The canonical example of an apartness space is an inhabited metric space (X,ρ), taken with the metric inequality defined by

xy ⇔ ρ(x, y) > 0

and with

xS ⇔ ∃r > 0 ∀sS (ρ(x, s) ≥ r).

The real line R with its standard metric is such an apartness space. However, if we take the real line with the denial inequality, rather than metric one, then axiom A5 holds if and only if we adopt Markov's principle; so in the absence of the latter, the resulting space is only a pre-apartness one.

For the rest of this section only, we adopt the convention that a topological space X comes with an inequality relation ≠. The topology τ then induces a topological pre-apartness ⋈τ on X, defined by

xτ Sx ∈ (~S)o,

where, as usual, o denotes "interior". If X has the topological A5 property,

xXU ∈ τ (xU ⇒ ∀yX (xyy ε U)),

then the corresponding pre-apartness is an apartness. Note that on a metric apartness space the apartness corresponding to the metric topology coincides with the metric apartness. Every pre-apartness ⋈ on an inhabited set induces a natural apartness topology τ, in which the nearly open sets are the unions of families of apartness complements. In turn, τ induces on X a pre-apartness, which turns out to be the original one. If the pre-apartness ⋈ is induced by a topology τ on X, then every nearly open subset of X is τ-open. When the converse holds, so that the apartness topology and the original one coincide, we say that the topological space X is topologically consistent. Topological consistency always holds classically, but need not hold constructively. One condition on X that ensures its topological consistency is that of topological local decomposability:

xXU ∈ τ (xU ⇒ ∃V ∈ τ (xVX = U ∪ ~V).

If we start with a pre-apartness ⋈ on a set X, then we can define a counterpart of this last condition—local decomposability:

xXSX (x ∈ –S ⇒ ∃TX (x ∈ –TX = –ST)).

It turns out that a topological space (X, τ) is topologically locally decomposable if and only if it is topologically consistent and (X, ⋈τ) is locally decomposable (Bridges and Vîță 2011, Cor. 2.2.16).

One obvious way to introduce continuity of a mapping f : (X, ⋈X) → (Y, ⋈Y) between pre-apartness spaces is to work with the corresponding apartness topologies. Thus we say that f is topologically continuous if for each nearly open subset V of Y, f-1(V) is nearly open in X. But there is a notion of continuity that is more in the morphic spirit of category theory: we say that f is apartness continuous if for all xX and SX,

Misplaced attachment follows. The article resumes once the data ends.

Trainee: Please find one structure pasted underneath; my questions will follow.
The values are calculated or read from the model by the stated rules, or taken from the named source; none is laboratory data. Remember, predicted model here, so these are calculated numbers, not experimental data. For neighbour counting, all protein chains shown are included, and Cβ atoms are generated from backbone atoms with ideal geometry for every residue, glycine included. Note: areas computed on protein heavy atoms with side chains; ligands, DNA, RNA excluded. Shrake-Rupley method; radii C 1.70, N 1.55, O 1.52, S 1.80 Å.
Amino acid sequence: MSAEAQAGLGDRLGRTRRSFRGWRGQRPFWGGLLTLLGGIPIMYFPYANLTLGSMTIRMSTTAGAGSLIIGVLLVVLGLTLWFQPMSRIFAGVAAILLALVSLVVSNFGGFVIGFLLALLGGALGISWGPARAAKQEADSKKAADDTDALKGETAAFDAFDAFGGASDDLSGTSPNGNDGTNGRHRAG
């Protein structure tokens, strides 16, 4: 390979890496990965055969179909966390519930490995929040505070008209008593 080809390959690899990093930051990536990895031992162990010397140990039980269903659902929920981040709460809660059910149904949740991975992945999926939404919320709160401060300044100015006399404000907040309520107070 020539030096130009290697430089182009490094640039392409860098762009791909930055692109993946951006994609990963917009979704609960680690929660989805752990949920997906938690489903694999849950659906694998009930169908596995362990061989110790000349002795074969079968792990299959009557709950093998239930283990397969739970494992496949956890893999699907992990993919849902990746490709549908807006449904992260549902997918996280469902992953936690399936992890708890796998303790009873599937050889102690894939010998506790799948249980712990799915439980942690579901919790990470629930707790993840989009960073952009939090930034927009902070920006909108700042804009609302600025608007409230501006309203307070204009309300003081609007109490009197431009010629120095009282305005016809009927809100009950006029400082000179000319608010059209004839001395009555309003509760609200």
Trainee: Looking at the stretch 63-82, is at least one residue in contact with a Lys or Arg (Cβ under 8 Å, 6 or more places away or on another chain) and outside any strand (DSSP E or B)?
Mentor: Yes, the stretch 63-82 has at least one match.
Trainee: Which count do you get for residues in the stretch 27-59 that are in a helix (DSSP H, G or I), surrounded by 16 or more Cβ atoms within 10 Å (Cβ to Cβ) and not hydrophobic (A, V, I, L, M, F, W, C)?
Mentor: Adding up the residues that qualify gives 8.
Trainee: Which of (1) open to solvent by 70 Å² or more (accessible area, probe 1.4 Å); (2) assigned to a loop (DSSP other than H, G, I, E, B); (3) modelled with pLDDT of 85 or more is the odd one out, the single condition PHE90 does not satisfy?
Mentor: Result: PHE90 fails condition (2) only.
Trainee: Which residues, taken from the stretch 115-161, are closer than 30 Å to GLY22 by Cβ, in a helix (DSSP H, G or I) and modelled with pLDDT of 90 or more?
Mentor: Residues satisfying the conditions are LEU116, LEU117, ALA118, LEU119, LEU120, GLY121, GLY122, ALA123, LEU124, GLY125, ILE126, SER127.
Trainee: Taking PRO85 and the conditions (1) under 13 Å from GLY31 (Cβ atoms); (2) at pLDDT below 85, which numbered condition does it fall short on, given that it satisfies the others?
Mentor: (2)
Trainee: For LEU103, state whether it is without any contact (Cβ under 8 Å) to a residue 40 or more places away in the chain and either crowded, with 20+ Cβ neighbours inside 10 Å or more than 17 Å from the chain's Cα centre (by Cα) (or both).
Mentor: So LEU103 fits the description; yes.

f(x) ⋈Y f(S) ⇒ xX S.

If X and Y are metric spaces, then the apartness continuity of f is equivalent to continuity in the usual "ε-δ" sense. Connections between various types of continuity are explored in Chapter 2, Section 3, of Bridges and Vîță 2011.

The really hard work, with significant rewards, in the theory of apartness comes when we lift our attention to pre-apartness between subsets of an inhabited set X. For this, we require the (set-set) pre-apartness ⋈ to satisfy the following axioms:

B1    X ⋈ ∅

B2   –A ⊂ ~A

B3    (A1A2) ⇔ (B1B2) ⇎ ∀i, j ∈ {1, 2} (AiBj)

B4   –A ⊂ ~B ⇒ –A ⊂ –B.

(The rather complicated form of axiom B3 enables us to work without assuming the symmetry of ⋈.)

As the reader will have realised, in axioms B2 and B4, –A is the apartness complement of A relative to the point-set relation defined by

xA ⇔ {x} ⋈ A,

which is a point-set pre-apartness said to be associated with, or induced by, the set-set relation ⋈.

If axioms B1B4 hold, then the pair (X, ⋈), or when no confusion is likely, the set X itself, a (set-set) pre-apartness space; and if AB, we say that A is apart from B. By a (set-set) apartness on X we mean a relation ⋈ between subsets of X that satisfies axioms B1–B3 and

B5    xA ⇒ ∃SX (x ∈ –SX = –AS).

The relation ⋈ then also satisfies B4 and so is a pre-apartness. Regarded as a point-set pre-apartness space, X is then locally decomposable (this is precisely what B5 says) and hence satisfies A5. In this case we call (X, ⋈), or simply X itself, a (set-set) apartness space.

The canonical example of a set-set apartness is again a metric space (X, ρ), in which we define the metric apartness by

AB ⇎ ∃r > 0 ∀x ∈ Ay ∈ B (ρ(x, y) > 0).

A more general example, to which considerable space is devoted in Chapter 3 of Bridges and Vîță 2011, is a uniform space, whose definition we pass over here.

The natural morphisms in the category of set-set pre-apartness spaces are the functions f : (X, ⋈X) → (Y, ⋈Y) that are strongly continuous,in the sense that for all A, BX,

f(A) ⋈Y f(B) ⇒ A ⋈X B.